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Re: [libvirt] libvirt library binary name for linux

?Well, as I have said I work on .Net/Mono bindings.

To make bindings, we use largely the marshaling methods of .Net/Mono. I was working on bindings virConnectOpenAuth, so I have de marshal virConnectCredential struct, these kind of thing. Matthias Bolte help me a lot to make all the process thru callback working. And we have discover that the virConnectCredential was reseted by the marshaling process (in particular marshaling process free the result member of the virConnectCredential, and in fact, for libvirt, it's the driver responsability to free the result member). So Matthias suggest me to bind strdup to .Net and use it to be sure that the result member is not freed by marshaling. And it works. I know, it is not very elegant, and right now I'm working on another possible solution thru custom marshaling (I hope it will work). Anyway, As I plan to make bindings works for Mono and .Net, I have made some tests with Mono/Windows Mono/Linux and .Net/Windows. And all seems to work fine, I have made a sample application that connect to a ESX hypervisor and list domains and it works fine, thanks for your help.

As you can see, I'm not a linux expert, and ldd and nm tools can help me to find things, so thanks for these infos.


PS : really sorry for my english, I hope I'm clear let me know anyway

From: "Justin Clift" <jclift redhat com>
Sent: Tuesday, October 19, 2010 2:53 PM
To: <arnaud champion devatom fr>
Cc: "Eric Blake" <eblake redhat com>; <libvir-list redhat com>
Subject: Re: [libvirt] libvirt library binary name for linux

On 10/19/2010 11:25 PM, arnaud champion devatom fr wrote:
?I have tried libc.so and it doesn't contains _strdup, amybe it's strdup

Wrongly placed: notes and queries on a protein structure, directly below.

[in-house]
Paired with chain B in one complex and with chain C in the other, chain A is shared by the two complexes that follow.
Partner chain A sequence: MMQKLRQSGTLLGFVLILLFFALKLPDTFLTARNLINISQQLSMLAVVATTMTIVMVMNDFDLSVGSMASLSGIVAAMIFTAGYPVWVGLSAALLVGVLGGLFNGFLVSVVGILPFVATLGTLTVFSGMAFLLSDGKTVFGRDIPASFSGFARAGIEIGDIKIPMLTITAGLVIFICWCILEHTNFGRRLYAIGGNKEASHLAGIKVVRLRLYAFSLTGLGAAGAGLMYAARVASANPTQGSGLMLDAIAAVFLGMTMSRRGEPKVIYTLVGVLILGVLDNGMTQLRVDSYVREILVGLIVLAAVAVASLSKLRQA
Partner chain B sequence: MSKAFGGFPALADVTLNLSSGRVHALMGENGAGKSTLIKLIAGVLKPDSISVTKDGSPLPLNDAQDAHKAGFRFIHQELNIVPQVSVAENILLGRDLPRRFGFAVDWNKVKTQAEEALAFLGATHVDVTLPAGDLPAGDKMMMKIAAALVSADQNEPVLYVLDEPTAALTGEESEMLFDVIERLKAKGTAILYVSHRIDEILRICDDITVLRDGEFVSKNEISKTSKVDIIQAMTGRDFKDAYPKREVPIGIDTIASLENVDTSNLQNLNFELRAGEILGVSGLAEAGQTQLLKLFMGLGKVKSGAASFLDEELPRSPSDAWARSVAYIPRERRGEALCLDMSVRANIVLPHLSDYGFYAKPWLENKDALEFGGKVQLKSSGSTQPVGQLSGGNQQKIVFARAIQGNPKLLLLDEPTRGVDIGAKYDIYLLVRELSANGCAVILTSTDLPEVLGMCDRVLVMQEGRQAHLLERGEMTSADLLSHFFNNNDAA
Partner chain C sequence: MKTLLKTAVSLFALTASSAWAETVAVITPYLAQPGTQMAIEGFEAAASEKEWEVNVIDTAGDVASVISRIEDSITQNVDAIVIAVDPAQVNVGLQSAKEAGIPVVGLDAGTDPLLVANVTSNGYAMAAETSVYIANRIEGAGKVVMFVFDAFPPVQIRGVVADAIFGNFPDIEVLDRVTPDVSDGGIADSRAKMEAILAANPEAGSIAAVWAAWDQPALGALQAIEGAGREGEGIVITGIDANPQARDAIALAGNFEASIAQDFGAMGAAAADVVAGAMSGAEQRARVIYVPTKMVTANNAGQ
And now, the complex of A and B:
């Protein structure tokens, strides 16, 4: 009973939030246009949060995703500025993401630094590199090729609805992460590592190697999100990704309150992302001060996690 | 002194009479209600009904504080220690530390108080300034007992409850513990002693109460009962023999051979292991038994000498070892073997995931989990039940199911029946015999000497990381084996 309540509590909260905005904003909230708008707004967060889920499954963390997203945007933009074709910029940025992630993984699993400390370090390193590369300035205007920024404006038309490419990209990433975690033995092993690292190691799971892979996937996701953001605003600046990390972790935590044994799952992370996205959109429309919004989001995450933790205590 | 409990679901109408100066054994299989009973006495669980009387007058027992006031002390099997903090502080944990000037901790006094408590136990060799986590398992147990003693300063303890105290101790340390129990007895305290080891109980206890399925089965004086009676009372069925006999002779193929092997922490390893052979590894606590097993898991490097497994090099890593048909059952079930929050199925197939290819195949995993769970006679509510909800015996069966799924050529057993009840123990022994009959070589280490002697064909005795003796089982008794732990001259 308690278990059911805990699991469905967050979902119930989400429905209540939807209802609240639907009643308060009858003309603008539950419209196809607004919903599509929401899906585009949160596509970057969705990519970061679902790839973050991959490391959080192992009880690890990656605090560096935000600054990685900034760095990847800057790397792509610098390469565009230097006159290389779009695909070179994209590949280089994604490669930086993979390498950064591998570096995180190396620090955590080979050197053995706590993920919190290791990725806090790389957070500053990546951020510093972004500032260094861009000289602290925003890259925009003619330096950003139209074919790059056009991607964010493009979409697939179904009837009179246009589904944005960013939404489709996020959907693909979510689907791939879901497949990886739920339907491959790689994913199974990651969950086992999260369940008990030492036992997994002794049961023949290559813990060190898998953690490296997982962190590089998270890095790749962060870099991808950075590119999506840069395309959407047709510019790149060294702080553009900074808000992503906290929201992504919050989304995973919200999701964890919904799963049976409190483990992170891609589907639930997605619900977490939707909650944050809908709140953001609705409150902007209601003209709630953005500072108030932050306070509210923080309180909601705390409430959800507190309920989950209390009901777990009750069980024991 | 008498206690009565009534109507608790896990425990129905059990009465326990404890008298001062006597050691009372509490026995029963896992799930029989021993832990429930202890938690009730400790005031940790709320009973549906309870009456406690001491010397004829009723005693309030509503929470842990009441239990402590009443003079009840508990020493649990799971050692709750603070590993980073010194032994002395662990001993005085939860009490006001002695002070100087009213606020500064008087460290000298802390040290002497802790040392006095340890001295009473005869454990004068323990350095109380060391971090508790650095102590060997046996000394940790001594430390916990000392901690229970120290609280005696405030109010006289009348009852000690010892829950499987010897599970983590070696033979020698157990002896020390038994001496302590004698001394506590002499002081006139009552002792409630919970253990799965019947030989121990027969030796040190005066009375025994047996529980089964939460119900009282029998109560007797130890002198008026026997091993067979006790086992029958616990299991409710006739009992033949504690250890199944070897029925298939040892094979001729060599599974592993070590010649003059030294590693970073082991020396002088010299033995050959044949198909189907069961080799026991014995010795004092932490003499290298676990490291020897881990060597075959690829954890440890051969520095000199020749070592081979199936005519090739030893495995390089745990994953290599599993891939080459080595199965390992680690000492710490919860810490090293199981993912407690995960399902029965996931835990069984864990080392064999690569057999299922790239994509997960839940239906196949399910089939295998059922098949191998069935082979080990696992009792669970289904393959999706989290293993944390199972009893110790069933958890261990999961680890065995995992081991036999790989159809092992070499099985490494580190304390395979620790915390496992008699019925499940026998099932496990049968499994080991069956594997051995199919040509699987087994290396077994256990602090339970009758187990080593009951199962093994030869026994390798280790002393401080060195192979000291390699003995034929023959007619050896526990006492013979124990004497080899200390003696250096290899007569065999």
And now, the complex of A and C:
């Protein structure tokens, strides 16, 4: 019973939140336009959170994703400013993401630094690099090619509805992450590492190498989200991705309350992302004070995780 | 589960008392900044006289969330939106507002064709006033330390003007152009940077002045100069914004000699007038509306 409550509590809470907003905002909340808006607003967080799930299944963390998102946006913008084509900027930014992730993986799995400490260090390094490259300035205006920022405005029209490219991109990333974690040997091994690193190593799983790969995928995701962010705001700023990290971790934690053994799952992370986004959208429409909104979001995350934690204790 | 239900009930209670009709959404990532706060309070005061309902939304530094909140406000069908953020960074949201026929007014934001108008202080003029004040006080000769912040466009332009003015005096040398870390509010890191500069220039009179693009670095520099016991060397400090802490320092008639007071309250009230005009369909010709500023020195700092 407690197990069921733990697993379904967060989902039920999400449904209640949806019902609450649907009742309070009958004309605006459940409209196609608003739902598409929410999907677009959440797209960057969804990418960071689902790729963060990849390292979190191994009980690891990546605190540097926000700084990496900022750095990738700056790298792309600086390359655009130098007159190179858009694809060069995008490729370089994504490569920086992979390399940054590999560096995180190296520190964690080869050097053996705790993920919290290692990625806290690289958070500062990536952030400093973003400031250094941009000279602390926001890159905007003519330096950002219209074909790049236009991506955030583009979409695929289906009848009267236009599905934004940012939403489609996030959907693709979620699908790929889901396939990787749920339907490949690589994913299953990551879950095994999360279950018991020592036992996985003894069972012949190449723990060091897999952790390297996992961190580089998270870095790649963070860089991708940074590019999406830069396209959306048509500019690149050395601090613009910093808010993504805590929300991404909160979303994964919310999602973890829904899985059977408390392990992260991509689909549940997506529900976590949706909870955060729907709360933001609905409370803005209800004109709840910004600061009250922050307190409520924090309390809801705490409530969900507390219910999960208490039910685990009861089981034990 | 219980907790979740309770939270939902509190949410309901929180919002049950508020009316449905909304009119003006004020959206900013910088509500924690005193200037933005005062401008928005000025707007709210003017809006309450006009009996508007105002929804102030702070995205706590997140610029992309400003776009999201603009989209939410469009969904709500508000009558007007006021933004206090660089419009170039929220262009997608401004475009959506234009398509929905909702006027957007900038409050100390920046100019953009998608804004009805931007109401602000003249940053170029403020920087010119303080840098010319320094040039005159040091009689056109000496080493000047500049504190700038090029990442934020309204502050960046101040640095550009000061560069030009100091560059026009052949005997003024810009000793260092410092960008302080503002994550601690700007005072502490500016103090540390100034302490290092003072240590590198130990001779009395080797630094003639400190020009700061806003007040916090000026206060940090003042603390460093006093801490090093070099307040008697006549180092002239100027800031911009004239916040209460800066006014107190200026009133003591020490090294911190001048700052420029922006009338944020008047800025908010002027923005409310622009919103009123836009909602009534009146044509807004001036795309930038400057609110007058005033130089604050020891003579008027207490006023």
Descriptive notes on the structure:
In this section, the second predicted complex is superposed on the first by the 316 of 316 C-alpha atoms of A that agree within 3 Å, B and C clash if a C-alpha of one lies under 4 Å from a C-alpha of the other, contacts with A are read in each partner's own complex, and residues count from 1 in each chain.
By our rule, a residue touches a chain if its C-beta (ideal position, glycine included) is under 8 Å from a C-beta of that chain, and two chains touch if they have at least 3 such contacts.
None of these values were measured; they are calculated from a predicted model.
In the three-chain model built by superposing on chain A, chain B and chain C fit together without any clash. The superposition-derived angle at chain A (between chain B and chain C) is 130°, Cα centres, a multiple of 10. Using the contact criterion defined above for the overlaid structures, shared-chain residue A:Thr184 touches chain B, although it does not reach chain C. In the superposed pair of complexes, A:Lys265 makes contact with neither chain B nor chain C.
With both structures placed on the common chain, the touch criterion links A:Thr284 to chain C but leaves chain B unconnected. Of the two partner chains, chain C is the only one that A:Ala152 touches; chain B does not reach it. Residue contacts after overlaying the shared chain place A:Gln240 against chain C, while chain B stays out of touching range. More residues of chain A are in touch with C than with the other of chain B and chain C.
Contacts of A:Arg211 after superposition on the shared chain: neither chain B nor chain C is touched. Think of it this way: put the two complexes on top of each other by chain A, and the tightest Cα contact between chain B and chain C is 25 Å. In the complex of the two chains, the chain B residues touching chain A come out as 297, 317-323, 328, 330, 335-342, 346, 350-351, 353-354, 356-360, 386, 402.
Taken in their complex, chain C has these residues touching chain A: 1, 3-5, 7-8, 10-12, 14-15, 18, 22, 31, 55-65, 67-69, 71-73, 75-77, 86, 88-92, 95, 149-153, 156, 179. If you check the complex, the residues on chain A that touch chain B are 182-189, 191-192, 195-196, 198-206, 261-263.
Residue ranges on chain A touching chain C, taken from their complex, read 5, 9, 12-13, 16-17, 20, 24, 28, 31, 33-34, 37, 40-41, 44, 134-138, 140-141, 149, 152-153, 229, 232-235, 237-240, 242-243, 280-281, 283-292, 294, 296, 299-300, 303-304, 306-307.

instead I will try. Anyway I have a little question (a windowsian
question :) ). Under windows I have a tool named "depends.exe" with it,
I can sse what is exposed thru a dll, is there any equivalent under linux ?

Hmmm, two tools might be useful, but I don't personally know them in
much depth:

 + ldd
 + nm

ldd can be used on an executable file, to show which dynamic libraries
that file needs.  For example, if I have the program "/bin/bash":

  $ ldd /bin/bash
          linux-vdso.so.1 =>  (0x00007fff999ff000)
          libtinfo.so.5 => /lib64/libtinfo.so.5 (0x00000030cd600000)
          libdl.so.2 => /lib64/libdl.so.2 (0x00000030bc200000)
          libc.so.6 => /lib64/libc.so.6 (0x00000030bba00000)
          /lib64/ld-linux-x86-64.so.2 (0x00000030bb600000)

The "nm" program, can be used on a dynamic library to show which
symbols it provides.  For example, on /lib64/libc.so.6:

  $ nm /lib64/libc.so.6
  00000030bbd7ba60 B __daylight
  00000030bba2c550 T __dcgettext
  00000030bba2c550 t __dcgettext_internal
  00000030bba2d5e0 t __dcigettext
  00000030bba2dfc0 t __dcngettext
  00000030bba7c600 T __default_morecore
  00000030bba33140 t __default_sigpause
  00000030bba2c560 T __dgettext
  00000030bba95be0 t __difftime
  00000030bbb1e7c0 t __dl_iterate_phdr
  00000030bba2dfd0 t __dngettext
  00000030bba4f150 t __dprintf
  <snip - it is a long list>

Both nm and ldd can be given options, which change what they display.

Looking at the questions you are asking, they are a bit unusual.

There is nothing _wrong_ with your questions, but they make me curious
what you are trying to do.  If you are ok to explain the idea you are
trying, we might know of a better or easier way.  (no guarantees
though!)  :)

Regards and best wishes,

Justin Clift


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